Port fees vary from one port to another. They are delivered as a blanket fee that covers all costs associated with using port facilities but can include everything from the pilot fee, which covers the costs of bringing a local harbor pilot onboard to help guide the ship into the port, to head tax, which offsets the cost that the port incurs from cruise passengers using the local infrastructure.
Everything from maintaining docking equipment to staffing passenger services is partially funded with these fees. Since each port and country is unique, these fees can vary and change over time.
National governments and local authorities can also tax individuals visiting the region. Typically, these fees are small, but they help cover everything from customs and immigration expenses to environmental initiatives.
For example, the CDC charges fees for vessel sanitation inspections. These fees vary according to the size of the vessel. Cruise ships between 60,001 and 120,000 gross tons pay $11,960 per inspection.
Those over 140,000 gross tons pay $23,920. Like port fees, these taxes may be collected by your cruise line, but the funds are given to local authorities on your behalf.
While individual passengers pay the port fees, either upfront when booking or while onboard the ship, some factors will determine how much those fees will cost.
In addition to being based on a passenger headcount, port authorities will also assess the physical size of the cruise ship. Naturally, larger vessels are more demanding on the port’s resources and available space, so it only makes sense that they are charged more.
The duration of stay also plays a significant role in determining the port fees a cruise ship’s passengers will be charged. Essentially, these fees are assessed in relation to the use of a port terminal. The port fee will be more significant if the terminal is used for a lengthy duration.
As we mentioned, the country where the port is located is another factor, as certain governments roll environmental fees and local taxes into the port fees that they charge visiting cruise ships.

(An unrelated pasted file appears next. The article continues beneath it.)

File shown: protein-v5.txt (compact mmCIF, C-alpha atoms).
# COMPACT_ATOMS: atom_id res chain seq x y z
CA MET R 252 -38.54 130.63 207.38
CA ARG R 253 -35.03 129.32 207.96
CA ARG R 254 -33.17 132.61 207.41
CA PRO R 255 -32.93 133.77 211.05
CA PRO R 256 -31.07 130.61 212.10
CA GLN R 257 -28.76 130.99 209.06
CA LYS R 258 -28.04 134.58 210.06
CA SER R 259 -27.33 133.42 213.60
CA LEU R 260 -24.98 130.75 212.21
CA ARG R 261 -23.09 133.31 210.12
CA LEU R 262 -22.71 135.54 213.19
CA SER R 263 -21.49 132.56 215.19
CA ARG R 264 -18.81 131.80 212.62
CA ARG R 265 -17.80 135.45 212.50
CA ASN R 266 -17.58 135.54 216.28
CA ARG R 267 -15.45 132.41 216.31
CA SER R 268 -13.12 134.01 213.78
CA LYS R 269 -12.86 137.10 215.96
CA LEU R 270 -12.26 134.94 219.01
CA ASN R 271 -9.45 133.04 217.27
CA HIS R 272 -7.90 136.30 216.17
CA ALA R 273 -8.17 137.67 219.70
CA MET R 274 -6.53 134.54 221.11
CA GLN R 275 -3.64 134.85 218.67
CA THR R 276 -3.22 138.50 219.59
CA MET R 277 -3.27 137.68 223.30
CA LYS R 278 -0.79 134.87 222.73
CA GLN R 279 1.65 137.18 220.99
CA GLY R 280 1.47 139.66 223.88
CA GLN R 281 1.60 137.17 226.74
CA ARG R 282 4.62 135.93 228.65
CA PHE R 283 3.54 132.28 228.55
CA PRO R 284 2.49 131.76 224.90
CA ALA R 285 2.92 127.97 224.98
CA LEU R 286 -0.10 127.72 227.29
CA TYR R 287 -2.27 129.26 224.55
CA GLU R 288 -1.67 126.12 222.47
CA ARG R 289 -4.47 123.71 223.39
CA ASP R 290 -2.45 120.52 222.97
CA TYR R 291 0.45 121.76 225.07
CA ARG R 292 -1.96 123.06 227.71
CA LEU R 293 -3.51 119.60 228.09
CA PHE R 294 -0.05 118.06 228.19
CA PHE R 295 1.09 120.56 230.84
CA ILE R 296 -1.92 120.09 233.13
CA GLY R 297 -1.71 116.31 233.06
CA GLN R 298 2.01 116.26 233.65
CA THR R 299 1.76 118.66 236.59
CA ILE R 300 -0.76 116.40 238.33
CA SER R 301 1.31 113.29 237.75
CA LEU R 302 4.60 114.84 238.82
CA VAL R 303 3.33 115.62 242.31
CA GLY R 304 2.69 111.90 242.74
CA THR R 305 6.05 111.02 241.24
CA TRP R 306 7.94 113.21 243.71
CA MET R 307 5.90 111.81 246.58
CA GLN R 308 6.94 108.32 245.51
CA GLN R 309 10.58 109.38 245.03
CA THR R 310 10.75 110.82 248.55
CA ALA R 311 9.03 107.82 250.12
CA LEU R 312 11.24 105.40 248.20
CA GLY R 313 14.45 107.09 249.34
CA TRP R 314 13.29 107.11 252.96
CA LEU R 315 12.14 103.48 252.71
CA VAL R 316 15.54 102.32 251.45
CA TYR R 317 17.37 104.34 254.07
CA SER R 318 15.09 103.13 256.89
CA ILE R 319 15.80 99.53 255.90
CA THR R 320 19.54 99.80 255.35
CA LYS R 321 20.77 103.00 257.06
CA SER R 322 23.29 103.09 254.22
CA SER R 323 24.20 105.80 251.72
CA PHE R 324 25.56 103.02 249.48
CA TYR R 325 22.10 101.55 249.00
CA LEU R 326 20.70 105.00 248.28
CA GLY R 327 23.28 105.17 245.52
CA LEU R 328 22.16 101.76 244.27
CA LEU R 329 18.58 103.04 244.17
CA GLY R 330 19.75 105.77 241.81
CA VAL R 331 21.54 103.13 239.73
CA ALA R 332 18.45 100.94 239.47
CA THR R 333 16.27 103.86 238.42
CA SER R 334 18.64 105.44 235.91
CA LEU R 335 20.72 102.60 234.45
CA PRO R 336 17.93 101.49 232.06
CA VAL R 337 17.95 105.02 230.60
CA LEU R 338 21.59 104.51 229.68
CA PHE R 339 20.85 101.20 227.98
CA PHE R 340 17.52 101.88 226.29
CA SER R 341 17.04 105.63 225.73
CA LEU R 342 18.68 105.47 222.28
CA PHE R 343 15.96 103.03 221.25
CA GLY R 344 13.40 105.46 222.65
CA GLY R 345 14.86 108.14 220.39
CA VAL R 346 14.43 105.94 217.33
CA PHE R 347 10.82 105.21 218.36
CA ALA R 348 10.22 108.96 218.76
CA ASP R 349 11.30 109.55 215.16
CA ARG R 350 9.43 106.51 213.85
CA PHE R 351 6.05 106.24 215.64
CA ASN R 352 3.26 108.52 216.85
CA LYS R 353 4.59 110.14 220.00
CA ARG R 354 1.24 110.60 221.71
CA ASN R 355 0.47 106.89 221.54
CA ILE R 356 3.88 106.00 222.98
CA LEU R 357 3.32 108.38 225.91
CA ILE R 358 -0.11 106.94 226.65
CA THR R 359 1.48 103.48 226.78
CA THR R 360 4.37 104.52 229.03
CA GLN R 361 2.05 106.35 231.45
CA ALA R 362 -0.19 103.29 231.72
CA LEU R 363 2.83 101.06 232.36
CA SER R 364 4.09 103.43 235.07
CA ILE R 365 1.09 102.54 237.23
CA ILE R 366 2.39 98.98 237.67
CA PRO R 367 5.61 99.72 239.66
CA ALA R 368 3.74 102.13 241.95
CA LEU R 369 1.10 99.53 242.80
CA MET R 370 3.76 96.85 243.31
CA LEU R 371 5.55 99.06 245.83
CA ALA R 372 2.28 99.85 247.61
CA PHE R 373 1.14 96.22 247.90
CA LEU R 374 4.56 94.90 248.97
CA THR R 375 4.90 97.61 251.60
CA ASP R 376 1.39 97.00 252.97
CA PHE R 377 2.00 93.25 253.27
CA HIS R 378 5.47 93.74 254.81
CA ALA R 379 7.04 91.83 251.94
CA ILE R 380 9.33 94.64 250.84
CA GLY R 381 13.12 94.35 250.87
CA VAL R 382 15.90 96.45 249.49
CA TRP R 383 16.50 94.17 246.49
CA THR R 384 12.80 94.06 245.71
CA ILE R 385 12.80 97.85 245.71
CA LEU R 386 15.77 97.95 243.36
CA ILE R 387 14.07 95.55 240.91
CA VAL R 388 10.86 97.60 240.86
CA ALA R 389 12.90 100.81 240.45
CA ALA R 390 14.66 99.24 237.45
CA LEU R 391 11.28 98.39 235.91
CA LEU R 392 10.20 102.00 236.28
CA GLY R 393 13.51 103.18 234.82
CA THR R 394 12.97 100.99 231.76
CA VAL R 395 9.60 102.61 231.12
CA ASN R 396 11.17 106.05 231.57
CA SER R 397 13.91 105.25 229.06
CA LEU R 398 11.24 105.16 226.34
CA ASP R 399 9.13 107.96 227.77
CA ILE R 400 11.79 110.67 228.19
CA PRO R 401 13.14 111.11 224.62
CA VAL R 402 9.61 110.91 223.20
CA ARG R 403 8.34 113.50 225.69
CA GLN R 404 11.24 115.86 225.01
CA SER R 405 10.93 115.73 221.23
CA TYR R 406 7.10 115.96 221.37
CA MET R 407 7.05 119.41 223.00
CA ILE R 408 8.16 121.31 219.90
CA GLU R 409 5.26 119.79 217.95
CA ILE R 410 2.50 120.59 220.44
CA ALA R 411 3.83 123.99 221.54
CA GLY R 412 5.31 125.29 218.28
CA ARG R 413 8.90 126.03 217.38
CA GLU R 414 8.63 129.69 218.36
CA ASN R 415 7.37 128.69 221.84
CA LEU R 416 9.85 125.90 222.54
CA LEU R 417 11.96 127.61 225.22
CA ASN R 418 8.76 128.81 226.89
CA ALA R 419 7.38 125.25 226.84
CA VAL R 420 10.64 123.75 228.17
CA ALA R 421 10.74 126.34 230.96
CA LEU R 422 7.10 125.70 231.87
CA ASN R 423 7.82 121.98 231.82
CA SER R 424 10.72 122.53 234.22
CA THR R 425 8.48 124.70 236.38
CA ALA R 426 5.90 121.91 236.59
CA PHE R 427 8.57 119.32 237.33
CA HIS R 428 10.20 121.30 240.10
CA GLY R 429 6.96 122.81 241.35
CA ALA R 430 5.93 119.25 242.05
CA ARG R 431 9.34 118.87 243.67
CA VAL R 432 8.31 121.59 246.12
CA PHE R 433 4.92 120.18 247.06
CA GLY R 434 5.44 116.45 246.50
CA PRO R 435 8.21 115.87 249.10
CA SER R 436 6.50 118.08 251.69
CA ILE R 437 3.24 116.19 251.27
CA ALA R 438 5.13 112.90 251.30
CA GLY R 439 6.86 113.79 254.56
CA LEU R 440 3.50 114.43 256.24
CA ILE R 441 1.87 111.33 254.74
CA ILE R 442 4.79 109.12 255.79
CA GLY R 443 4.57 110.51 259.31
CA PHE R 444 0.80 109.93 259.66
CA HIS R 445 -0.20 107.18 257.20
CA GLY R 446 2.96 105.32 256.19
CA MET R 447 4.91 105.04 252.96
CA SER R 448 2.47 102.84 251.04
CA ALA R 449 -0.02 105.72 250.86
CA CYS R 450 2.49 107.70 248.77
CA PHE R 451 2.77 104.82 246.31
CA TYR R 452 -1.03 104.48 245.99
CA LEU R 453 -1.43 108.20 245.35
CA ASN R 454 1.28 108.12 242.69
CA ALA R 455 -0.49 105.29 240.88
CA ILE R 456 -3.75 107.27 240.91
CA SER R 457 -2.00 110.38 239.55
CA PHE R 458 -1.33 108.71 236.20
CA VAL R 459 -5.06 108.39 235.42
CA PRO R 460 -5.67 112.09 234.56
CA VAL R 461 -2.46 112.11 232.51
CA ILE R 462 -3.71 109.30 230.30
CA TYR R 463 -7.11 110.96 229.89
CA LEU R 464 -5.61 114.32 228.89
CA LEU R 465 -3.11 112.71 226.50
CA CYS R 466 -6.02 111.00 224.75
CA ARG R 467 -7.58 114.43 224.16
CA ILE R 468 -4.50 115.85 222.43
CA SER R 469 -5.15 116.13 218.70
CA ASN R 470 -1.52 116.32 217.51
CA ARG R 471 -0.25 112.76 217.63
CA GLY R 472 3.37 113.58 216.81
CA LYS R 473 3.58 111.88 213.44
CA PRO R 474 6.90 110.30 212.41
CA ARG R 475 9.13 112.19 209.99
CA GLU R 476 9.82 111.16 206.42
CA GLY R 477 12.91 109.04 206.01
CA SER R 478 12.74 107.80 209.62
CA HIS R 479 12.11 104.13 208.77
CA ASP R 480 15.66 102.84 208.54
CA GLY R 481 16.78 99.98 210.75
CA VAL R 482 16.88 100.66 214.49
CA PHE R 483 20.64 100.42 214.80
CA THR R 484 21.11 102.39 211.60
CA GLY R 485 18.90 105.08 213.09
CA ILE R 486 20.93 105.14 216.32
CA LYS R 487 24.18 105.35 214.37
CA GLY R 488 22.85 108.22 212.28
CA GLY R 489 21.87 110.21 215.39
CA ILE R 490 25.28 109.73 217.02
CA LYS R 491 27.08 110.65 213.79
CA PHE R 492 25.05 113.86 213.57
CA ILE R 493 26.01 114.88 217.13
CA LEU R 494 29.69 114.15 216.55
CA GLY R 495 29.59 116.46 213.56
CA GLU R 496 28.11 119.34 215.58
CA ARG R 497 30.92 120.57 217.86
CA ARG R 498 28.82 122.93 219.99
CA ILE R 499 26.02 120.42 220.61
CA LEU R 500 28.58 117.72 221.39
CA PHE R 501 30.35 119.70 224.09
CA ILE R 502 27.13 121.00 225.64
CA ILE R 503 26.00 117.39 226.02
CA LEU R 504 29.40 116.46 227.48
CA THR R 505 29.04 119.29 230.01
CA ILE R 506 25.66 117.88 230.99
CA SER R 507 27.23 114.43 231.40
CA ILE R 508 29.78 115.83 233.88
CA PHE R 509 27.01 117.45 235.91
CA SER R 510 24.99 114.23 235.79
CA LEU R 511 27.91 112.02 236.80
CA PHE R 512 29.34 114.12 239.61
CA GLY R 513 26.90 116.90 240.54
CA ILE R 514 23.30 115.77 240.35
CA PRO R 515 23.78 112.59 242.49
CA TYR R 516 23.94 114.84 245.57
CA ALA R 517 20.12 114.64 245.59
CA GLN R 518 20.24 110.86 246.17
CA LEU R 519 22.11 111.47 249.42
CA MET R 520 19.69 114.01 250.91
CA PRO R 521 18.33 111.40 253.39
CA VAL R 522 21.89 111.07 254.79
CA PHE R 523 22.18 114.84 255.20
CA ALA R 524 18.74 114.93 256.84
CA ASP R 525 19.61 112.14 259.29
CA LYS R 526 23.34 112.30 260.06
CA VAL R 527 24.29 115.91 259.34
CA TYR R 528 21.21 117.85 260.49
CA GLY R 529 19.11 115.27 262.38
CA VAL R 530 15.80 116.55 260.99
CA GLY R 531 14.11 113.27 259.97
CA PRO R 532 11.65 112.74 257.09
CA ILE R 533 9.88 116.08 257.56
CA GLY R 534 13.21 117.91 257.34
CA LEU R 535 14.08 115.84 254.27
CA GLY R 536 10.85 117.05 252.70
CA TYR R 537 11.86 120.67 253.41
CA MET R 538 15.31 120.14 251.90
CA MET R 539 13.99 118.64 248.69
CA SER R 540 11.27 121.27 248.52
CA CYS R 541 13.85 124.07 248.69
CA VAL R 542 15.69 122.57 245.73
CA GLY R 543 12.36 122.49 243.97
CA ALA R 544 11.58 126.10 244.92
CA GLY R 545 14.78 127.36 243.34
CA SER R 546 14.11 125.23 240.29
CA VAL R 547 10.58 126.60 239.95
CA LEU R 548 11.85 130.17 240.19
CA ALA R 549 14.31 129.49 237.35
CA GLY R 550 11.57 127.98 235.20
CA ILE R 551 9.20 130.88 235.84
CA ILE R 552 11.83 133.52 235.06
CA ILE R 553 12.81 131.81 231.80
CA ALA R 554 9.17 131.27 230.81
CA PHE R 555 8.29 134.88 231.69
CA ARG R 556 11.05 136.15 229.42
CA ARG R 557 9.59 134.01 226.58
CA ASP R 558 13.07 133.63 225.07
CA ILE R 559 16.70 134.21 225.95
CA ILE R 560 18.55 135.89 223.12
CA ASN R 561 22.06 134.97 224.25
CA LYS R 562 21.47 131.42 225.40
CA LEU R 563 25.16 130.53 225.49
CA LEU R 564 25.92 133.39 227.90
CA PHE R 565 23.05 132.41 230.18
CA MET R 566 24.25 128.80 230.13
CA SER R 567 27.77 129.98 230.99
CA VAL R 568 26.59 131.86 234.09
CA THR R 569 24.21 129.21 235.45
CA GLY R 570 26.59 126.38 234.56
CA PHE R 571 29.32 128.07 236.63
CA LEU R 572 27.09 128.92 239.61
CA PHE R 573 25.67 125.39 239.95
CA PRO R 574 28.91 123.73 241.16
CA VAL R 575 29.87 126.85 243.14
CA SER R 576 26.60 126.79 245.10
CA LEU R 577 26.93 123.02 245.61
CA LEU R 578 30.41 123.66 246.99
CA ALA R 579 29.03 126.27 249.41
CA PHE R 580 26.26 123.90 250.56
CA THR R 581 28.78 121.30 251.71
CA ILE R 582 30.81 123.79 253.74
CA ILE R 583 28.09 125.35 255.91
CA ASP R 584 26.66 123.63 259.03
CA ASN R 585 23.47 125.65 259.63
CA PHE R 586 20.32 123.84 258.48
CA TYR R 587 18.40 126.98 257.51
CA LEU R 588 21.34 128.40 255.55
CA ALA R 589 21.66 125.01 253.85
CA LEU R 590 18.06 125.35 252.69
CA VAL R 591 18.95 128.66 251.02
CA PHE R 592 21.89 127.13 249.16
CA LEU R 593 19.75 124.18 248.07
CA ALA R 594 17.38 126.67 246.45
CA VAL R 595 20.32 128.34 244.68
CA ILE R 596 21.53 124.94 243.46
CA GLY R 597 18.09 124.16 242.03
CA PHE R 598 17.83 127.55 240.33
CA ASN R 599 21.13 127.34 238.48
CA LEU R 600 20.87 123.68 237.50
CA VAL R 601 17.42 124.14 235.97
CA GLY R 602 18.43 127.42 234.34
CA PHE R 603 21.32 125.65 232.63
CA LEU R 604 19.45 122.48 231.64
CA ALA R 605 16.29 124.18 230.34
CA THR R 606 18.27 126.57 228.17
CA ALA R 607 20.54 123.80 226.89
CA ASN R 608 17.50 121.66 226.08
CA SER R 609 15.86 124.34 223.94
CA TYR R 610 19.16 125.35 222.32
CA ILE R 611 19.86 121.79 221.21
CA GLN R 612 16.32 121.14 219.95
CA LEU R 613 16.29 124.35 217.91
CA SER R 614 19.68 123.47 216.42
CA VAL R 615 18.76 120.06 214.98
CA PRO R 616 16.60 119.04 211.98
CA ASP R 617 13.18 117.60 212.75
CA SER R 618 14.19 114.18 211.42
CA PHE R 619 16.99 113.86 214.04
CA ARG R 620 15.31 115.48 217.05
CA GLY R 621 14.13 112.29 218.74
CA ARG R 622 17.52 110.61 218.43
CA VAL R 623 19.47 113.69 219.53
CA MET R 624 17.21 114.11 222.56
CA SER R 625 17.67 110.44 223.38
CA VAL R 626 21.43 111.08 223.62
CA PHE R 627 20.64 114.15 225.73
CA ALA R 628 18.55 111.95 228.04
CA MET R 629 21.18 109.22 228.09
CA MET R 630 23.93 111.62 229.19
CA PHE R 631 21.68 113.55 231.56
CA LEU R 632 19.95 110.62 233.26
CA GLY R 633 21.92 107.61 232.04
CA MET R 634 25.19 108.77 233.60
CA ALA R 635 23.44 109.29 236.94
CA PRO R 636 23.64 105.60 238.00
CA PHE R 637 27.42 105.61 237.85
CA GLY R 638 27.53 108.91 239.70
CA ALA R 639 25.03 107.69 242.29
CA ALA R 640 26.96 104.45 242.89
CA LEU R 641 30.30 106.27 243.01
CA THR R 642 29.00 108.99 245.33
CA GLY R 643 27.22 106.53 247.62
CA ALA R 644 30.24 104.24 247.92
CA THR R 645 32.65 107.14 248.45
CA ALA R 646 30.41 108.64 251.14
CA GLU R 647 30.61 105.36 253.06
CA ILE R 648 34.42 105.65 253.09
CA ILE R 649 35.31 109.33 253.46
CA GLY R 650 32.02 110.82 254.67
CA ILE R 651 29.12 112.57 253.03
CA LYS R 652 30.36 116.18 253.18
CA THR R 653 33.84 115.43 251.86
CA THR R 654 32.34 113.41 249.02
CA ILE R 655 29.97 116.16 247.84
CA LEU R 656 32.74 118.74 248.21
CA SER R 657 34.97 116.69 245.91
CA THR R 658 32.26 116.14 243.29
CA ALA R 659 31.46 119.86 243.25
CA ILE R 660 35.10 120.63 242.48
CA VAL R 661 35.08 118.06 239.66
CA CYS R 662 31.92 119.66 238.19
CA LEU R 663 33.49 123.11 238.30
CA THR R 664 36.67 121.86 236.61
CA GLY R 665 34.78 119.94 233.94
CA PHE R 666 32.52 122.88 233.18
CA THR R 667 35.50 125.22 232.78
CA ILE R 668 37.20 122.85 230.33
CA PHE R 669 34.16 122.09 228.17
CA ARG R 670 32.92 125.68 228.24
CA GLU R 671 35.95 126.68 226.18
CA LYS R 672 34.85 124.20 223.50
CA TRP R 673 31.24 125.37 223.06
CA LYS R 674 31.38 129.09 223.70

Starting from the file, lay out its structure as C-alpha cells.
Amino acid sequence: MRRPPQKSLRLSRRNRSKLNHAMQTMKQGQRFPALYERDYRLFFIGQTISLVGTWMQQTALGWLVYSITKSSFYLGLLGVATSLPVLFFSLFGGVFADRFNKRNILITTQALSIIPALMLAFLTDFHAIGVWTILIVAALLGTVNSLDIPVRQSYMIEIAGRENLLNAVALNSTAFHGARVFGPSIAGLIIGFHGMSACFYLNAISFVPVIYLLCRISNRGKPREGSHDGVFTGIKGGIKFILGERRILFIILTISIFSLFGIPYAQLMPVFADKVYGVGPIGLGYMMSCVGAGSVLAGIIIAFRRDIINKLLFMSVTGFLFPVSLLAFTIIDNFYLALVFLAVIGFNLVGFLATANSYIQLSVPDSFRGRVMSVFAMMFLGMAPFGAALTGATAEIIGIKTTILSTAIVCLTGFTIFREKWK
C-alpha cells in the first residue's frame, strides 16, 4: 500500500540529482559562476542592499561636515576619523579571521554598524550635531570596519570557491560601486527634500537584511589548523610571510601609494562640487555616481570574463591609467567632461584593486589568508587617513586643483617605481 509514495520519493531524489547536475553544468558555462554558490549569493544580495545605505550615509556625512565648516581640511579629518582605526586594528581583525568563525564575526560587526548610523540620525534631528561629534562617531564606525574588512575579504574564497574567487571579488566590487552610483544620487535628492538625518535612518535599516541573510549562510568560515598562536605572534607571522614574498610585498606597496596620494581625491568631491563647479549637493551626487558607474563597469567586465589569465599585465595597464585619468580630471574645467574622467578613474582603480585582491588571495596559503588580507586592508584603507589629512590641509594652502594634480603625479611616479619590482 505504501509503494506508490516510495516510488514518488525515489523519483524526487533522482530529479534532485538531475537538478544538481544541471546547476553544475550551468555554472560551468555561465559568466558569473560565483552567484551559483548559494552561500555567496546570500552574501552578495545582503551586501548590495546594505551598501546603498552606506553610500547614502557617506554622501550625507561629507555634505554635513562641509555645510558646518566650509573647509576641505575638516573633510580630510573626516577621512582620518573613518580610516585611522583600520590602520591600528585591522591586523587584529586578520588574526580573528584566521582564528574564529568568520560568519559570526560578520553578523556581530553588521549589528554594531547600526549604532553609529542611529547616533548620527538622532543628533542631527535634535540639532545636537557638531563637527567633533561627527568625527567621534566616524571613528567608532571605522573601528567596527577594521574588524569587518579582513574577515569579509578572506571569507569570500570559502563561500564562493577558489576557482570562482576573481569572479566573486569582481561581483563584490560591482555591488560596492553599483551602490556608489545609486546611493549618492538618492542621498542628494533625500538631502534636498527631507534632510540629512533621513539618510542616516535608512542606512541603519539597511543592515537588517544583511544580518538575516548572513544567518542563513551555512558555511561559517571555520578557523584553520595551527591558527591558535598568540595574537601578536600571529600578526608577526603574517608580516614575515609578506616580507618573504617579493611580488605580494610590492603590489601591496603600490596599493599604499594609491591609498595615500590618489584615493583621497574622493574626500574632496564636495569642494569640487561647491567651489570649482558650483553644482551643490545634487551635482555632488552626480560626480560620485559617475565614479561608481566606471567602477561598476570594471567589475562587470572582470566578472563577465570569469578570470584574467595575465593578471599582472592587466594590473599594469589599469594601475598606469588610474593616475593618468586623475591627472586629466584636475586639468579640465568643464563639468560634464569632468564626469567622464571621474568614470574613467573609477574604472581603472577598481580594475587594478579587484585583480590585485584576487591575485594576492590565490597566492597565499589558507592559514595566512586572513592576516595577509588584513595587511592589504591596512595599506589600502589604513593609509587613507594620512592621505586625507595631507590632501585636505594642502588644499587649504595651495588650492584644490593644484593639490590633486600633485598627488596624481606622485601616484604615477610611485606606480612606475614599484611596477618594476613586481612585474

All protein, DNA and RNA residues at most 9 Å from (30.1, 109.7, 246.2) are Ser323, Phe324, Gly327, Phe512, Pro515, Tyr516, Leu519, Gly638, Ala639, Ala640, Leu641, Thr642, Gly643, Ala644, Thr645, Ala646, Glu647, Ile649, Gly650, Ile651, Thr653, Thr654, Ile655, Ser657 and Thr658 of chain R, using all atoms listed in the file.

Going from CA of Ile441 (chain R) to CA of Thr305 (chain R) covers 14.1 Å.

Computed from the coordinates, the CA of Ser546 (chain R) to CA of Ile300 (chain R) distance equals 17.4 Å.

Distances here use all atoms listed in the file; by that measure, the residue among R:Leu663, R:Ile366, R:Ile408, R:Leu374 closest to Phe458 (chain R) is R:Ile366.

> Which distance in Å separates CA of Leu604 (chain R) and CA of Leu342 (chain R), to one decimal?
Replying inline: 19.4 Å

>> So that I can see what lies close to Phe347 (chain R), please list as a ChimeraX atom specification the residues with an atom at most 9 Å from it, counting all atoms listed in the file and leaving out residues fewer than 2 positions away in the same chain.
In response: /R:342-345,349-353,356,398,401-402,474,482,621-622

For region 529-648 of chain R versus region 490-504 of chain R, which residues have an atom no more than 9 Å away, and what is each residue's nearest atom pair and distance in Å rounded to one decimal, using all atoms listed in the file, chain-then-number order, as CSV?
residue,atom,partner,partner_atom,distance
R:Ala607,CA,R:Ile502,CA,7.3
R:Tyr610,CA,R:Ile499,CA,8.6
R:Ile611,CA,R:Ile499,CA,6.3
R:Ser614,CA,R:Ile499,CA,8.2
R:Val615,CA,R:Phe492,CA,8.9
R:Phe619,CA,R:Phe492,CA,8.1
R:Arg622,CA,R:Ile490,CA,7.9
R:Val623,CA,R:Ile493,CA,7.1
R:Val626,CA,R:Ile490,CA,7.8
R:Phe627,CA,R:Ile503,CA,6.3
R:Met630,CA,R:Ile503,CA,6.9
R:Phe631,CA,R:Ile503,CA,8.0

When you are visiting can also play a role, as port fees will be higher when the port is in its busier season. Higher port traffic means there is more demand to use the port terminals. This almost always translates to higher port fees.
With all this said, there is no way to influence or negotiate these fees as an individual passenger, so the most important thing to do is simply look into the fees by contacting the cruise line directly before traveling.
If the port fees were not included upfront when you booked your cruise, you can expect to pay roughly 10% to 20% of the base cruise fare in fees and taxes.
Again, this is just an average, so it can certainly vary depending on the type of cruise you have booked and other factors.
While there is no getting around the fact that you will have to pay port fees and taxes if you book a cruise vacation, there are ways to minimize these expenses if you are on a tight budget.
One of the most effective ways to minimize port fees and taxes is to research cruises that avoid high-cost ports of call.
Even though you will most likely have to pay taxes and fees to your embarkation port, you have control over the cruise itinerary you book.
Naturally, booking a cruise vacation with fewer ports of call will help minimize the amount you have to pay in port fees. Cruises that visit fewer ports and countries tend to be more affordable, as they can plot more straightforward routes. You can also favor destinations with lower port fees and taxes, like many Caribbean nations.
While it is a less significant factor, the embarkation point of your cruise will also impact the amount you pay in port fees. More expensive countries, like the United States, will charge more than cruises leaving nations with less expensive ports.
You will also want to book reputable and well-established cruise lines that you can trust. These cruise lines tend to be more upfront about fees and taxes rather than disguising them until after you have booked.
If you book your cruise vacation through a third-party booking service, check that they include port fees and taxes in the quoted price. If you are unsure, contact them and double-check. The last thing you want is to be surprised by various fees when you show up for your vacation.